I think we shouldn’t be; it’s not logical or consequent. I feel we should name, shame and punish both types of charlatans. They are both dangerous quacks, and it is our ethical duty to stop them.

END OF THOUGHT EXPERIMENT

 

13 Responses to A totally useless therapy for benign and malign conditions – where is the difference?

  • Scandal of Conium (Hemlock- not to confound with NoToNaPo)
    https://pubmed.ncbi.nlm.nih.gov/31104055/
    https://studylibde.com/doc/1435068/adjuvante-hom%C3%B6opathische-therapie-bei

    I admid, I made a mistake! I should have said and written:
    “Conium (Hemlock) is a holistic medicine that boosts your well-being via re-balancing your vital energies which, in turn, helps with anxiety which in turn might have positive effects on things like mild chronic pain, depressive mood, tension headache, insomnia, erectile dysfunction and many more symptoms of daily life.”

  • A most excellent experiment! The additive making it even more compelling would of course be: “that this remedy was recently “re-discovered” from the archives of a centuries old church where thousands of believers knew of its miraculous powers…nearly lost to the ages but now reformulated for the modern world….and with free shipping if you enroll in our monthly subscription service”.

  • I don’t think there is much difference between toenail clippings and rhinoceros horn; they are both keratin, after all. On the other hand I’m not sure that rhinoceros horn is routinely sterilised before use.

    • in this case, rhino horn would even have an effect – albeit a negative one.

    • The rudimentary toe-nail of a horse is already available from Helios homeopathy. And its utility has been “proven” by eminent homeopathists to “.,..be highly useful remedy in cracked and ulcerated nipples. Affects principally female organs. Acts on the nails and bones; pain in right tibia and coccyx. Warts on forehead. Warts on breast. Chapped hands.”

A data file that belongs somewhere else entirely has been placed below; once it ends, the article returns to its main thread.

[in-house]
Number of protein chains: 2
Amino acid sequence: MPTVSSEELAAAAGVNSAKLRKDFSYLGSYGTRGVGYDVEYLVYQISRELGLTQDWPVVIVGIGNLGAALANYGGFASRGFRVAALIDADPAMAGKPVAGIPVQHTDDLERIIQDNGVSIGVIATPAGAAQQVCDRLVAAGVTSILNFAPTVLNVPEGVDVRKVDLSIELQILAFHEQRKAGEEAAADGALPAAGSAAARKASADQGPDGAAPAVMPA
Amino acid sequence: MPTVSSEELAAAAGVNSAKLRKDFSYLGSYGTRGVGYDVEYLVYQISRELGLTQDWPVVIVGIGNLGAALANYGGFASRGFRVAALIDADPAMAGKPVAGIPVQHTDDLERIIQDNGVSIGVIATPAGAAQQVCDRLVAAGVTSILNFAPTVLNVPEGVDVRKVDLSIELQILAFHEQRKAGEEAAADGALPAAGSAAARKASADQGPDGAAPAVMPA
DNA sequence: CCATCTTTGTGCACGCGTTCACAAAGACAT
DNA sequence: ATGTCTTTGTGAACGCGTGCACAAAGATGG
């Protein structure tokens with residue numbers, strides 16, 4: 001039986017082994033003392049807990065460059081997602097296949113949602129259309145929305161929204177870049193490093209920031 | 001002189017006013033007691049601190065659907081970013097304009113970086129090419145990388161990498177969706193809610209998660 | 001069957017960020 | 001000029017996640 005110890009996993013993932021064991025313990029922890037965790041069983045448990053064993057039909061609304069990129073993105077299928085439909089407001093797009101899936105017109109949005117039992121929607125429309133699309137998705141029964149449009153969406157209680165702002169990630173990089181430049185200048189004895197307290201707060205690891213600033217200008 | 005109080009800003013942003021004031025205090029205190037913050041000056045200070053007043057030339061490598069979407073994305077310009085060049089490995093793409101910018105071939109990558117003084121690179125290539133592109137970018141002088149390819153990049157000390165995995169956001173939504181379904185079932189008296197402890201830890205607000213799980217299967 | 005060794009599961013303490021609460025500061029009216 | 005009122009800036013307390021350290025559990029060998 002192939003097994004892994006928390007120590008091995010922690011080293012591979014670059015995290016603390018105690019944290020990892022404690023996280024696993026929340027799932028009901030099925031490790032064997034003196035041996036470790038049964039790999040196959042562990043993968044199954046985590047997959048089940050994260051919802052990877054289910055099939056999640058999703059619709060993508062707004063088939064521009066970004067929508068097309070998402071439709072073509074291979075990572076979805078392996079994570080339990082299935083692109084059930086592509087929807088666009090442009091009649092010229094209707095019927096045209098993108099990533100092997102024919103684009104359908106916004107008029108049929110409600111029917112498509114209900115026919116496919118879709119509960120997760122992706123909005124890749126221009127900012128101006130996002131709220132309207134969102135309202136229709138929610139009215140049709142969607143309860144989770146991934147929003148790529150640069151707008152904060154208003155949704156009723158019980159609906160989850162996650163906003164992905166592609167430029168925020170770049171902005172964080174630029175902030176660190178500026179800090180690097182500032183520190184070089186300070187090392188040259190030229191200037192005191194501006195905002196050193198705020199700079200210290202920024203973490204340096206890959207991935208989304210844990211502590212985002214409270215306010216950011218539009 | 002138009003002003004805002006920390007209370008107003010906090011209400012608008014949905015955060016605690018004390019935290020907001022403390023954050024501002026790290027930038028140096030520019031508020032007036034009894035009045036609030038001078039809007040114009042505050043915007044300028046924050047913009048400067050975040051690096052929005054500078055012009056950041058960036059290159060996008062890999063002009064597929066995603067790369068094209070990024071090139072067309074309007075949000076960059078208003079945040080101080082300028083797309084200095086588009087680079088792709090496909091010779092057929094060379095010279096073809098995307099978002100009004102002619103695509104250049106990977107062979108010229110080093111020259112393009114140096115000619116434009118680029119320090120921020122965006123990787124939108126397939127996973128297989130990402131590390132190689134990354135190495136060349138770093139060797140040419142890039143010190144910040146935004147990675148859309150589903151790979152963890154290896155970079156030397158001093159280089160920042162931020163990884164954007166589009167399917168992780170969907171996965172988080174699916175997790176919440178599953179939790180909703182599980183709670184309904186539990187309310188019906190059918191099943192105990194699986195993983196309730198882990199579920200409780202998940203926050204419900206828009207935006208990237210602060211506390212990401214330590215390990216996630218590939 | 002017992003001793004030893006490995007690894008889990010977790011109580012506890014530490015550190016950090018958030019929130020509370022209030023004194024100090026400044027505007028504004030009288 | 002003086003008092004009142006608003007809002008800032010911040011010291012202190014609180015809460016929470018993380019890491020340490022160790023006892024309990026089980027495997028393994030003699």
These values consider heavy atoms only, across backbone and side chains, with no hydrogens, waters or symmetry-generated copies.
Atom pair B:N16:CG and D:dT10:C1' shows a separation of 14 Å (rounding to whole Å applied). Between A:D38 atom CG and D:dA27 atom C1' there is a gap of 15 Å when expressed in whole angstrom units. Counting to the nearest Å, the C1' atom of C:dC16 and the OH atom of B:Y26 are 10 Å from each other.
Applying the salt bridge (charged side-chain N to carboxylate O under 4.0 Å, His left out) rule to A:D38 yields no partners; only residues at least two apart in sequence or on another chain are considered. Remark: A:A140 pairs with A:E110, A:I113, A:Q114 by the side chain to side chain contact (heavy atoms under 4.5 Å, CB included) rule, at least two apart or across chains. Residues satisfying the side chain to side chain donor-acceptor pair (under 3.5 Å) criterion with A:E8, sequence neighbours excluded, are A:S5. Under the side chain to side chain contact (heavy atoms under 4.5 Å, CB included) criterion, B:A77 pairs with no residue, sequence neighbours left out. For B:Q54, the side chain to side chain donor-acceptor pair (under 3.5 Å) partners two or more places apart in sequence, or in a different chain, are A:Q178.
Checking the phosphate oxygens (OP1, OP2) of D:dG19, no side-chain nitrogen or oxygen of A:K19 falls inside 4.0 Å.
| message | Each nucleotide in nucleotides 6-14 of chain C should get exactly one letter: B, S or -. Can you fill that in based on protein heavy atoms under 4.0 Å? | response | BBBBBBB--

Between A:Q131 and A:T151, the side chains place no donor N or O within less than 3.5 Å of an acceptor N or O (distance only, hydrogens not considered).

I would love to know why it only works on pain in the right tibia and not in the left??

      • I would love to know why it only works on pain in the right tibia and not in the left??

        It is probably to do with the chirality of organic molecules. Possibly somebody could develop an enantomeric version for use on the contralateral side. Though I am guessing here. It might, of course, be related to the rotation of the gut in the developing embryo, in which case it woiuld be interesting to see what effect it has in individuals with situs inversus, or with mutations in the sonic hedgehog gene.

  • What if PoToNaPo was not an extract, but some kind of talking therapy?
    What if this therapy was trialled and published in mainstream journals (of course only with small sample sizes, unblinded, subjective outcomes only and no long term followups)?
    What if the patients who pointed out the therapies were bunk (and past and proposed future trials are of very low scientific quality), are regularly accused of being anti-science in the mainstream press by medical professionals advising national health policies in western democracies?

    This is not a hypothetical scenario.

    This “therapy” is listed as a “topic characterized as pseudoscience” on Wikipedia, but yet it does not seem to be treated as such by the medical mainstream.